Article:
“It can be tempting to buy a tiny, bare-bones model for a teenager,” says David Harkey, president of the IIHS. “But we know that teenagers are among the riskiest drivers, so it’s important not to skimp on safety. Spending a bit more for state of the art crash protection and crash avoidance features is a worthy investment in your child’s future.”

All drivers would benefit from a car with those features, but an inexperienced driver would benefit most.

“While buying a new car for a young driver is less common than buying used, new cars provide the opportunity to give a young driver an advantage in terms of providing the latest in both crash avoidance and crash protection technologies,” says Jennifer Stockburger, director of operations at CR’s Auto Test Center. “If you’re putting out the additional money to buy new, why not choose the safest models and configurations available?”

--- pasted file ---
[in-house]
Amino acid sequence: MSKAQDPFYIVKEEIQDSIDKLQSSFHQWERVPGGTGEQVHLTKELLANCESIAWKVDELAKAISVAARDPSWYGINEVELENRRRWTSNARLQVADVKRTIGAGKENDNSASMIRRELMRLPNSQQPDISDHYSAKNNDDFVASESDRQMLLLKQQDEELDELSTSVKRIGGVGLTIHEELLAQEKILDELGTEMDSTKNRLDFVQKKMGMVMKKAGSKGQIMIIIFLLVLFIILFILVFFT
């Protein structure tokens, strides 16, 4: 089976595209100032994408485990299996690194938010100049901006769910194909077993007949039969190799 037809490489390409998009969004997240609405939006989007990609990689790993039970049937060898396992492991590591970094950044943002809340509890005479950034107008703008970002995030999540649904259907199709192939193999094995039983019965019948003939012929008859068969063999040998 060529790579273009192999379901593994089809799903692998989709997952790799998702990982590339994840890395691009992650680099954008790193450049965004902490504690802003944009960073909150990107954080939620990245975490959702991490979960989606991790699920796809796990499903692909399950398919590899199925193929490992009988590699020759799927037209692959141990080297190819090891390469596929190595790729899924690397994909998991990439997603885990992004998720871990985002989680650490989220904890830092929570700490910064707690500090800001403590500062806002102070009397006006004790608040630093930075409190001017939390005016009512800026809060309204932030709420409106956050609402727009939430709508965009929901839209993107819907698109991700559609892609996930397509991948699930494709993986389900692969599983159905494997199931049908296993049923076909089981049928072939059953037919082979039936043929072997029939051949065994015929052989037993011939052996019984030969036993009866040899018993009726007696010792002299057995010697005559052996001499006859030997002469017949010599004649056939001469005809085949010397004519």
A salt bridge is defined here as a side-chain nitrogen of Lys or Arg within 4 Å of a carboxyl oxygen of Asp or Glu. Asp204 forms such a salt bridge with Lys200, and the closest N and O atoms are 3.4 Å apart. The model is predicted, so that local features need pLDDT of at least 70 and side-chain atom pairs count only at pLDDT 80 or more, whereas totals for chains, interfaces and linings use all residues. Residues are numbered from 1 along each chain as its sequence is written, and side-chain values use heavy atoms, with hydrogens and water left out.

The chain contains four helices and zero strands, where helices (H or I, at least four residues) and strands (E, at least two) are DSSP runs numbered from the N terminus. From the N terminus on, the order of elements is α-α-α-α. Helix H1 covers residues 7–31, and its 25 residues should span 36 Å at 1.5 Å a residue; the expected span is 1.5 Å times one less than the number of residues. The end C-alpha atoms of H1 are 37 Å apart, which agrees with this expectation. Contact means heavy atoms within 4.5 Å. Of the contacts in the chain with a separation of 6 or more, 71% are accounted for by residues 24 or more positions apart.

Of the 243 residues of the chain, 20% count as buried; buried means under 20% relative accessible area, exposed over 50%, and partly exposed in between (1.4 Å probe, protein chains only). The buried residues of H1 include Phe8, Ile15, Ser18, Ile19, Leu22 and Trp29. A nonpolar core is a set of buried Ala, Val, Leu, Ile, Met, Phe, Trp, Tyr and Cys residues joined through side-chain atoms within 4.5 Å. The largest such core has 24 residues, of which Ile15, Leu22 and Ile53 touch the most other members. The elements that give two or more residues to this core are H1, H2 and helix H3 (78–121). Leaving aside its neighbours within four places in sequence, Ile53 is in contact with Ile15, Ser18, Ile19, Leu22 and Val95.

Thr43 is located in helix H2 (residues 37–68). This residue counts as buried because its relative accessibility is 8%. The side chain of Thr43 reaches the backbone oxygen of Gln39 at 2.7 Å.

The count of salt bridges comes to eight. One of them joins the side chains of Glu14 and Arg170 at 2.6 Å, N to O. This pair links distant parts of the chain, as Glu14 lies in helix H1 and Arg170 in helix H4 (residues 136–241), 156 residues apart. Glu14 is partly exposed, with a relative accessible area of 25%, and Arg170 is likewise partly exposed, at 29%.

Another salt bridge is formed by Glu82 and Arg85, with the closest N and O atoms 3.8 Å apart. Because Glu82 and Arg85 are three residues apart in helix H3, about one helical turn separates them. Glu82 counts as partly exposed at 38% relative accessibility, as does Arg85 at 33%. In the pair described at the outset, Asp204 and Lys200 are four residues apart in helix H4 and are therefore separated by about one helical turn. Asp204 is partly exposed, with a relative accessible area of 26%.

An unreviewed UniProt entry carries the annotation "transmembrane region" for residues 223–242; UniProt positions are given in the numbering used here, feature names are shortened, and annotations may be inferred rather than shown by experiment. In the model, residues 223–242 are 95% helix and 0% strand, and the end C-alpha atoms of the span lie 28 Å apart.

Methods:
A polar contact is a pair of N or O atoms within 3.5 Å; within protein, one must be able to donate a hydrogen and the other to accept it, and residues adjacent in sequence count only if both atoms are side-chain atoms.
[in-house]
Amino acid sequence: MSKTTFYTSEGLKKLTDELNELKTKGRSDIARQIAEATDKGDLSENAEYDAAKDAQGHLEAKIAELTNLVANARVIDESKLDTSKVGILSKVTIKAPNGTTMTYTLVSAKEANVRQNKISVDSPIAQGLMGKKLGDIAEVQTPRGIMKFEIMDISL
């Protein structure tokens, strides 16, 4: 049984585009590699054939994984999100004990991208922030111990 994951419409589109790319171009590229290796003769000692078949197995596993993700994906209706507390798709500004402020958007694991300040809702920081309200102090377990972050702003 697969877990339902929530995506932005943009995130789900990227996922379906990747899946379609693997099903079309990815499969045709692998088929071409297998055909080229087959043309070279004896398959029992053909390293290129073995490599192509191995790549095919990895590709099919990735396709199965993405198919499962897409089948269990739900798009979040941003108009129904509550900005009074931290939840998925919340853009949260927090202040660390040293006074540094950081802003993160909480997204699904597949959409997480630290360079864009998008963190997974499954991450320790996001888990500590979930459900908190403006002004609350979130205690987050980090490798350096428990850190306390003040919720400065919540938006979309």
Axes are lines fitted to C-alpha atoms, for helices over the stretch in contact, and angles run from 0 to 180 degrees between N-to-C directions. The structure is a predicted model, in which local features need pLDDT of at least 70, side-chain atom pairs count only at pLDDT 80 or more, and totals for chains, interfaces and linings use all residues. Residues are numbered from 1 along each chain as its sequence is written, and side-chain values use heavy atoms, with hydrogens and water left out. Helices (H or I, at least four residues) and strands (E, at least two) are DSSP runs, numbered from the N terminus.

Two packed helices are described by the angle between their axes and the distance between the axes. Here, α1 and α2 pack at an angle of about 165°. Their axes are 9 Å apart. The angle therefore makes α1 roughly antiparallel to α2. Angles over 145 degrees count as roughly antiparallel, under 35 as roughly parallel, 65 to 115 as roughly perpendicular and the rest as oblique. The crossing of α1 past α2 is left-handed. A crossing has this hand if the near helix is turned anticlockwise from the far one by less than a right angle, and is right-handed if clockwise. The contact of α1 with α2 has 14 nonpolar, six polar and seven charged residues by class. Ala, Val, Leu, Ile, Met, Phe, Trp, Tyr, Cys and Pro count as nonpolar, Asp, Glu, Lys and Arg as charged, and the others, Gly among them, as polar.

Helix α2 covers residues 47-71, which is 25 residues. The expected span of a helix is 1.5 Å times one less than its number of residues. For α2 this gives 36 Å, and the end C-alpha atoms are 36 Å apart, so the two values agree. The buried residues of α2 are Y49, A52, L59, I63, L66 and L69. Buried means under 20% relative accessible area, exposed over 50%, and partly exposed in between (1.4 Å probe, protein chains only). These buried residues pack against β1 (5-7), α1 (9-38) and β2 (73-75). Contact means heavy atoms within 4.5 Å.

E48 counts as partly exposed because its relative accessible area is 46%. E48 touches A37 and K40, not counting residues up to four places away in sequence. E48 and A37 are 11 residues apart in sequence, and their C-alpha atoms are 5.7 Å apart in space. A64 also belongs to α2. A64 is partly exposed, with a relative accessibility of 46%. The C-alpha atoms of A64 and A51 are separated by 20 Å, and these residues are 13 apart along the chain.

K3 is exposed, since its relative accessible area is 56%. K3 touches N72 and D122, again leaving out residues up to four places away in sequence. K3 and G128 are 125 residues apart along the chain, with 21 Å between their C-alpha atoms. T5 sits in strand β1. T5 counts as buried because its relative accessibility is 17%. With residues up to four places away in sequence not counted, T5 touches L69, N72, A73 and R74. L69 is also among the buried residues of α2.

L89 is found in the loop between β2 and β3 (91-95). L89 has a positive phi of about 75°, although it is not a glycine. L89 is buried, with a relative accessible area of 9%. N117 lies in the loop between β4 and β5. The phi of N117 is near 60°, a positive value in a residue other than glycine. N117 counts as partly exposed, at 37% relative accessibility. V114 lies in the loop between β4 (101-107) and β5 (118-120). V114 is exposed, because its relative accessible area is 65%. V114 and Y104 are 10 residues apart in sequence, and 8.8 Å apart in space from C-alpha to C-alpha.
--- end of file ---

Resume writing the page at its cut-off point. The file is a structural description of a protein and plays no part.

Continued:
Of course, new cars come with a comprehensive bumper-to-bumper warranty. And they have the promise of being dependable through high school and beyond, a time when young adults have other things to focus on than worrying about roadside emergencies and potentially expensive repairs.

We understand that this path is the exception rather than the rule.

To help families considering the new-car strategy, we've joined forces with IIHS to develop a list of cars that balance accident avoidance, crash protection, performance, and reliability. These selections are ideal for teens, but they can serve any shopper looking for a vehicle that excels in those areas.